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Dealing with Very Difficult Parents

By Kim Marshall, TIE columnist

This piece is reprinted from The Marshall Memo, Kim Marshall’s weekly summary of current research and best practices in the field of education. Drawing on his experience as a teacher, principal, central office administrator, consultant, and writer, Kim Marshall lightens the load of busy educators by serving as their “designated reader.”
“Parents Who Bully the School” by Robert Evans and Michael Thompson in Independent School, Spring 2016 (Vol. 75, #3, p. 92-98).
In this article in Independent School, psychologist/consultants Robert Evans and Michael Thompson say that school leaders they’re working with report an increase in problem parents, including a small minority who engage in what can only be described as adult-to-adult bullying. “These parents are habitually rude or demanding or disrespectful,” say Evans and Thompson, “engaging in personal attacks on teachers and administrators, demeaning and threatening them. They repeatedly violate the school’s policies, values, and norms of conduct.” The authors have identified three types:
- Righteous crusaders, who berate the school for not dealing with a problem that no one else sees. Their concerns range from, “My daughter says you don’t like her” to false accusations of sexual abuse.
- Entitled intimidators, who want special treatment for their child. “They demand that rules be waived, exceptions made, policies upended,” say Evans and Thompson – for example, firing a teacher they dislike or having their child placed in a particular class.
- Vicious gossips, who continually find fault with the school or certain teachers and broadcast their complaints, often to a group of “vigilantes” recruited by the lead parent. There may be an element of truth in their complaint, but it’s pursued in a relentless, destructive way that defames and victimizes people in the school.
What explains the increase in adult bullying that Evans and Thompson describe? They believe it springs from three sources:
• A rising tide of anxiety – “To be a confident parent requires, among other things, that the rate of change be slow and that the choices for children be few,” they say. In recent years, the opposite has been true in the U.S. socially, economically, and technologically. This means more choices – a good thing – but also more uncertainty about the future. No wonder parents are worried about how their children will fare as adults and more inclined to advocate aggressively for the best possible school experiences.
• A culture of loneliness – Some parents may be isolated from other families and their children may not take part in the kind of regular free-play experiences with other children that were common in previous generations. This may result in a lack parental perspective on how children navigate normal aspects of growing up, which may prevent some parents from keeping in perspective the common ups and downs of the school day.
• Educator denial of parent mental health issues – A few parents have genuine personality disorders that lead them to twist the facts and see things that others don’t. “Although all of us who are parents can lack perspective when it comes to our own offspring,” say Evans and Thompson, “a few have a profoundly distorted view of their children or a deeply rooted mistrust of institutions, notably the school.”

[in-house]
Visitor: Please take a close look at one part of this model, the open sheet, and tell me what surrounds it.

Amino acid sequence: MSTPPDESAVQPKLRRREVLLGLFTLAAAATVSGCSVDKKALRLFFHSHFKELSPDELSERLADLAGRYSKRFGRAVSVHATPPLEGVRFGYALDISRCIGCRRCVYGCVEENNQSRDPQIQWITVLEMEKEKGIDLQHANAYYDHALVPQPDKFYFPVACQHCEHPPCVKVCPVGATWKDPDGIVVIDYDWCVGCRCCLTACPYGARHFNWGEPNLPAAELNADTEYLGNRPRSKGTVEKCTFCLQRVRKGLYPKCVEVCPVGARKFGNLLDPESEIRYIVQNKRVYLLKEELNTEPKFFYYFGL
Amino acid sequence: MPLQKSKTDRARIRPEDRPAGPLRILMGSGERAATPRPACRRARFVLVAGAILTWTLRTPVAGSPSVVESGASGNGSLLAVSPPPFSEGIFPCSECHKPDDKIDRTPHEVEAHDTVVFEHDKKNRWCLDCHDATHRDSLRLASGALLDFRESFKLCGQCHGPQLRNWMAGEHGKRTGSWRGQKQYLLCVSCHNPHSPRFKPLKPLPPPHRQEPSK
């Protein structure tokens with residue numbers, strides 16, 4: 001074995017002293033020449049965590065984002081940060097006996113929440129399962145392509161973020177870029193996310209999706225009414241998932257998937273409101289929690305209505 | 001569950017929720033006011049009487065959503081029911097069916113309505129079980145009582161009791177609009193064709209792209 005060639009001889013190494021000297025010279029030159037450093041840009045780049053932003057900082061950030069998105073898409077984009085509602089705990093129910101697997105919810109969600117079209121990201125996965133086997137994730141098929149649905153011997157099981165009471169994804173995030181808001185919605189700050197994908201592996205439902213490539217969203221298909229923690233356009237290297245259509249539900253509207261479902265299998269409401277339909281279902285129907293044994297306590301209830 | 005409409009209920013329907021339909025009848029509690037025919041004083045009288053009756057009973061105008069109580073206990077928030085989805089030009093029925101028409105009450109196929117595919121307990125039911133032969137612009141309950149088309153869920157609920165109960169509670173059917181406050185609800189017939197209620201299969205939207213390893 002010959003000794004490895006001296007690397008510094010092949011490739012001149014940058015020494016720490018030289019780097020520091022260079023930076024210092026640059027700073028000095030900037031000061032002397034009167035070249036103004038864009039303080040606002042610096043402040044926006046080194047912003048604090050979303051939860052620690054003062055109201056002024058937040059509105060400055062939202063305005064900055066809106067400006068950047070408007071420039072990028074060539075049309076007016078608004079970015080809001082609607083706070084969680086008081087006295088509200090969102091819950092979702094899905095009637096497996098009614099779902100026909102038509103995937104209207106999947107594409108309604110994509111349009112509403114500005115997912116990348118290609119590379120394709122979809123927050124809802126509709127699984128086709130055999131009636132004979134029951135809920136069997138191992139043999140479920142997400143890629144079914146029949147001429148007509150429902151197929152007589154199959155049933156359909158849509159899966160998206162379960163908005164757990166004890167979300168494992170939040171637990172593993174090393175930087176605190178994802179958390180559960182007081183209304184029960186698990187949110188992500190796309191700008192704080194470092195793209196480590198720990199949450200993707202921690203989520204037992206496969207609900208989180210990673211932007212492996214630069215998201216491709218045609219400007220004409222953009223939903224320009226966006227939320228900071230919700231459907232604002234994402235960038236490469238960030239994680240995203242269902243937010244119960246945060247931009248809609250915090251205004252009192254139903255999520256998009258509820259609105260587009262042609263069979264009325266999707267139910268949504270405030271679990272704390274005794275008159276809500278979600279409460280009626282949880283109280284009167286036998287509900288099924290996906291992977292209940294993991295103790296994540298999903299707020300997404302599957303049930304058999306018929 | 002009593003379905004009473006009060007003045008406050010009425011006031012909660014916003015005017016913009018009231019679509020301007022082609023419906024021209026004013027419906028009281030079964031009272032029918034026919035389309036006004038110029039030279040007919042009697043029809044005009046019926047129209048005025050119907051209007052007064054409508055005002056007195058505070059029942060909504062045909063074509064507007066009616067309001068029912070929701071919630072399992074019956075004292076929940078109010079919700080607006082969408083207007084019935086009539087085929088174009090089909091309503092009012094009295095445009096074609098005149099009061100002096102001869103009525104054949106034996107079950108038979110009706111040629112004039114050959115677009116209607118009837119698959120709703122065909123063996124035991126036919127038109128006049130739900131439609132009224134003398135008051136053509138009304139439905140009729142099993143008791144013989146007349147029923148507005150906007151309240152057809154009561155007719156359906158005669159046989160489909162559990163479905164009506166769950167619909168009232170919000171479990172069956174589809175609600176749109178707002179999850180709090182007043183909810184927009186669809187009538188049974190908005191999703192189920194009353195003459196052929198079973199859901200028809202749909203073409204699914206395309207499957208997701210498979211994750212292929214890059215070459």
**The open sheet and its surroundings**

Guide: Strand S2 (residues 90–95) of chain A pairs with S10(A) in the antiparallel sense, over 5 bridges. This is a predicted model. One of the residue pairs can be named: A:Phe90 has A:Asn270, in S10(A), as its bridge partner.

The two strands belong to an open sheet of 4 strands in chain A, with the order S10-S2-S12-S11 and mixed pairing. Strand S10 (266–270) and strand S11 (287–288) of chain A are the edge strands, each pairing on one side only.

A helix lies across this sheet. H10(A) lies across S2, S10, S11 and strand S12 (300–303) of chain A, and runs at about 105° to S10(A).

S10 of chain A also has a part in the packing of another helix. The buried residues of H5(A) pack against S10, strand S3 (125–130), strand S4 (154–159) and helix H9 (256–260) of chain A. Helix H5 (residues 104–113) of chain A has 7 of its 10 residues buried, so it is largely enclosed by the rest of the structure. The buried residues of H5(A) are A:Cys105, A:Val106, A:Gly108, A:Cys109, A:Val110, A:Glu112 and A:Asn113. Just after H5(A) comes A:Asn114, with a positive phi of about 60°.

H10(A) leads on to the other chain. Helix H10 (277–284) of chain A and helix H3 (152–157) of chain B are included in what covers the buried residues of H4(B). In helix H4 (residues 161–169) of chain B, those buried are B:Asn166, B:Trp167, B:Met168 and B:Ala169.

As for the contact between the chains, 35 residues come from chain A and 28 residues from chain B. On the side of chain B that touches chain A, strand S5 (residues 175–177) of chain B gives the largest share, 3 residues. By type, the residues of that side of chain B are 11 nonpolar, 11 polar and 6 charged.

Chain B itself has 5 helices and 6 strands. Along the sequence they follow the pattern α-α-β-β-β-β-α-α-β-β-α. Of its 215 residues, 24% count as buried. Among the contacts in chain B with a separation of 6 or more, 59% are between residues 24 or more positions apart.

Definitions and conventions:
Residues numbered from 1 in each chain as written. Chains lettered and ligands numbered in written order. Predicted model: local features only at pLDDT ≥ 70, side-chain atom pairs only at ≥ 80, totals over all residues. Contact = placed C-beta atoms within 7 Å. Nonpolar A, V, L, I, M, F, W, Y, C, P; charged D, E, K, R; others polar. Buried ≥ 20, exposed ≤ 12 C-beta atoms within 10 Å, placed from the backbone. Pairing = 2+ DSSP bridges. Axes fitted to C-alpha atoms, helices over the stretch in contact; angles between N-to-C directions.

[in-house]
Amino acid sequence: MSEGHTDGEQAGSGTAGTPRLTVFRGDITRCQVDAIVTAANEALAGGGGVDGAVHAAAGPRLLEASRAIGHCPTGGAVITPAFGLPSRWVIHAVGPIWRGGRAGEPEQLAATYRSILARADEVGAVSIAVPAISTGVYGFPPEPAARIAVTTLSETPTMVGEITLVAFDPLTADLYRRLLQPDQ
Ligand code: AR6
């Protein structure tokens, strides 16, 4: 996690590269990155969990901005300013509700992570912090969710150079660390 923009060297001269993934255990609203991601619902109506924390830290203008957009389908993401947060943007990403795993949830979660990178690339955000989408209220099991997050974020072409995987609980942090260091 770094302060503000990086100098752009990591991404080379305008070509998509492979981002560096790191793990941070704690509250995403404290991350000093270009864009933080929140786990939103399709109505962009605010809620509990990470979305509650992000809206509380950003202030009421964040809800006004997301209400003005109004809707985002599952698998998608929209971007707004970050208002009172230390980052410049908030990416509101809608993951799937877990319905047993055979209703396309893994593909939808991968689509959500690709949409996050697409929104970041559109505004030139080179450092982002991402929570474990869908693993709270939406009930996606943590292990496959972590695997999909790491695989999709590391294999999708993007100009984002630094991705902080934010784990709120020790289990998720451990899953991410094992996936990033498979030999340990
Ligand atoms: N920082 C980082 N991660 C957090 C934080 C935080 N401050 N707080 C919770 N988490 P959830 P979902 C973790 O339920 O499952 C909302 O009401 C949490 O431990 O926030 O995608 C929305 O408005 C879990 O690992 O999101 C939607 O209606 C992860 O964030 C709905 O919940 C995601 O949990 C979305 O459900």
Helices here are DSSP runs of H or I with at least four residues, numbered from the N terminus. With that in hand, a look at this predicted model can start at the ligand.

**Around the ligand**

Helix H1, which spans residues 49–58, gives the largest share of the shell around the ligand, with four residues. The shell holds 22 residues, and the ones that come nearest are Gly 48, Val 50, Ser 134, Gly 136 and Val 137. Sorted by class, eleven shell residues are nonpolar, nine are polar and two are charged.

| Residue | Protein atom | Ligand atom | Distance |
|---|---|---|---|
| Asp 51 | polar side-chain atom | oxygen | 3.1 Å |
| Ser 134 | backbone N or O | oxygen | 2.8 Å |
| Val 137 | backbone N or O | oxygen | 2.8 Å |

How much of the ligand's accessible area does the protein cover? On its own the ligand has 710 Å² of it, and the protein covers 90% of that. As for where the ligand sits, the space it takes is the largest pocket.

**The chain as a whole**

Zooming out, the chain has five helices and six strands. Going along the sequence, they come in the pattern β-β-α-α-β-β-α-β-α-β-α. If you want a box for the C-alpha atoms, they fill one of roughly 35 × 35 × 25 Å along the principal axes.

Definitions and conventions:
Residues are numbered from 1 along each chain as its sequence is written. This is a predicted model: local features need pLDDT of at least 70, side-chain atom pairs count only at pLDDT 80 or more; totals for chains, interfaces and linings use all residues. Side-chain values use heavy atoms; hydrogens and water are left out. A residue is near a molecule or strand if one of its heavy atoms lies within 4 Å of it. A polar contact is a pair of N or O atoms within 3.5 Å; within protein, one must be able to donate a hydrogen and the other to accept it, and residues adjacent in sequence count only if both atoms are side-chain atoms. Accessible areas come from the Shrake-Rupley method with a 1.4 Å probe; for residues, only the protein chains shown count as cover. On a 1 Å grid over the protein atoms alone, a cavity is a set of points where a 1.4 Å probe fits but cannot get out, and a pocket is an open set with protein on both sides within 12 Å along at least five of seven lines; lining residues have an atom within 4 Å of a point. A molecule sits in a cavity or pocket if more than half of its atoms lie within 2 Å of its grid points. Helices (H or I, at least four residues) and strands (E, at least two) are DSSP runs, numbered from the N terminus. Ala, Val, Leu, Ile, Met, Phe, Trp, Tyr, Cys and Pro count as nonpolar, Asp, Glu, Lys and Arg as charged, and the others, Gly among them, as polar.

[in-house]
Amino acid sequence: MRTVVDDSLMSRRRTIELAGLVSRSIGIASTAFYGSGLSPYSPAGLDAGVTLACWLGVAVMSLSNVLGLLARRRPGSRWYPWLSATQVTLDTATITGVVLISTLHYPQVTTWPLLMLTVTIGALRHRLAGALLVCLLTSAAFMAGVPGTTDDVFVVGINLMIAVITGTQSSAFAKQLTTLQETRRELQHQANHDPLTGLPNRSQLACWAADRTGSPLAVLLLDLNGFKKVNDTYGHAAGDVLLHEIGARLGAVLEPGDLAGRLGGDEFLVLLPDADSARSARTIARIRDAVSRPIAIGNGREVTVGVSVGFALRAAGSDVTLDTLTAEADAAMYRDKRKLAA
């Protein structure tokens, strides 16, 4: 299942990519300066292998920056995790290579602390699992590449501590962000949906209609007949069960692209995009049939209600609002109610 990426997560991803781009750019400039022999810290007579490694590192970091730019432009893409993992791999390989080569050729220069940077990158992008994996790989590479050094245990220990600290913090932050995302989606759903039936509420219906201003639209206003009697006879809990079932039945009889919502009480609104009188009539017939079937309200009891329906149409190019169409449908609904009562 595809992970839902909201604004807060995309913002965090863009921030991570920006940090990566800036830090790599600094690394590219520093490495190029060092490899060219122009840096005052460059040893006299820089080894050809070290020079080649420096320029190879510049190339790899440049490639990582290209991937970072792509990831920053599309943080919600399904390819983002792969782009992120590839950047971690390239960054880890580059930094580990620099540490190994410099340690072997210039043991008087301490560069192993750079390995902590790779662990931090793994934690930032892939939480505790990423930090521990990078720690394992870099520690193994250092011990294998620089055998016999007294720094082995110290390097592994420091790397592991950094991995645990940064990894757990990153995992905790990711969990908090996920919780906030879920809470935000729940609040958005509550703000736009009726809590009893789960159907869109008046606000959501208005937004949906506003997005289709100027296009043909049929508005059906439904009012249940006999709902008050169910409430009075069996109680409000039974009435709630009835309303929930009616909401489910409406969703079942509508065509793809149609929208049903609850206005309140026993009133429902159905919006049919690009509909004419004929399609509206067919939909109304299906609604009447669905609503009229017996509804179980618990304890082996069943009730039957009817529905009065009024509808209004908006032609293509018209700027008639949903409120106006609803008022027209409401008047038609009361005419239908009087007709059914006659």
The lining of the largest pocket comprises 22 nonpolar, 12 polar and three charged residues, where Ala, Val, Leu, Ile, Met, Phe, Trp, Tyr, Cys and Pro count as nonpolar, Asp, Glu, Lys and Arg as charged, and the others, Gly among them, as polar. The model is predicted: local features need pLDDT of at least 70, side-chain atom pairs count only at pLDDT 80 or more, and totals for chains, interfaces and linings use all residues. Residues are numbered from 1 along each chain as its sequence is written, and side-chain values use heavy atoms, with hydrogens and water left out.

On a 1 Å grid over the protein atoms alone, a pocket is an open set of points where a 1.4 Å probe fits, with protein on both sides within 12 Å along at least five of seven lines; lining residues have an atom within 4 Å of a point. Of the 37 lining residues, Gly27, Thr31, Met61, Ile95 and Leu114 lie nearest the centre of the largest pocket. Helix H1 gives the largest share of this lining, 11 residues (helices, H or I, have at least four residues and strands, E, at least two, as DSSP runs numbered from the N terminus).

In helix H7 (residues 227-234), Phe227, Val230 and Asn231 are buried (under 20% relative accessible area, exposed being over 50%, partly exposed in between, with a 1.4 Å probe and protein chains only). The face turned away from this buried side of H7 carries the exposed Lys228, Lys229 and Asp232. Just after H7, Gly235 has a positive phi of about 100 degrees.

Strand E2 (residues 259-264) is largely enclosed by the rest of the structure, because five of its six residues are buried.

For conscientious educators, encounters with bullying parents can be profoundly distressing. Thrown off balance by intense criticism and unreasonable demands, teachers and administrators may try to placate, persuade, convince, and accommodate a righteous crusader, entitled intimidator, or vicious gossip. But these tactics are unlikely to be successful. Evans and Thompson offer these suggestions:
- Have administrators, not teachers, deal with very challenging parents. “Managing bullying parents is a job for those who can speak for the school,” they say.
- If a teacher has had a bad encounter with such a parent, he or she should never again meet alone with the parent.
- Realize that bullying parents are externalizers, which means self-observation is not their strong suit. They’re unlikely to ask, “Am I doing something to upset people or that keeps them from seeing things my way?”
- Rational discussion is not going to work. “No matter how intelligent they may be, bullies demonstrate arrested social/emotional development,” say Evans and Thompson. “Educators will rarely go wrong by treating a bully parent exactly the way they would an outrageous and aggressive high-school student.”
- “The ideal approach can be summarized in three words,” they continue: “‘Limits, limits, limits.’ Bullies deserve thoughtful attention and an invitation to be reflective, but when these don’t suffice, they need to know – unequivocally – the minimum nonnegotiable conditions of belonging in the school community.”
- Some possible lines: “You have every right to your opinion, but you cannot swear at us.” “We hear clearly that you want us to change your son’s grade, but we will not do so.”
What’s most difficult for educators is not becoming defensive in the face of an onslaught of criticism and invective. Evans and Thompson suggest keeping this idea in the forefront of one’s mind: “Whatever we did, we did nothing to make this person as crazy as he or she sounds at this moment.”
Avoiding defensiveness, and being persistently curious about how the parent sees the situation, can lower the temperature. “At the heart of any inquiry should be a desire to learn what the parent is hoping for and what his or her biggest fear is,” say the authors. “Often, the biggest bullies are, underneath, deeply frightened. Once you set boundaries on their behavior, it may be possible to get to the heart of the matter. But not always.”

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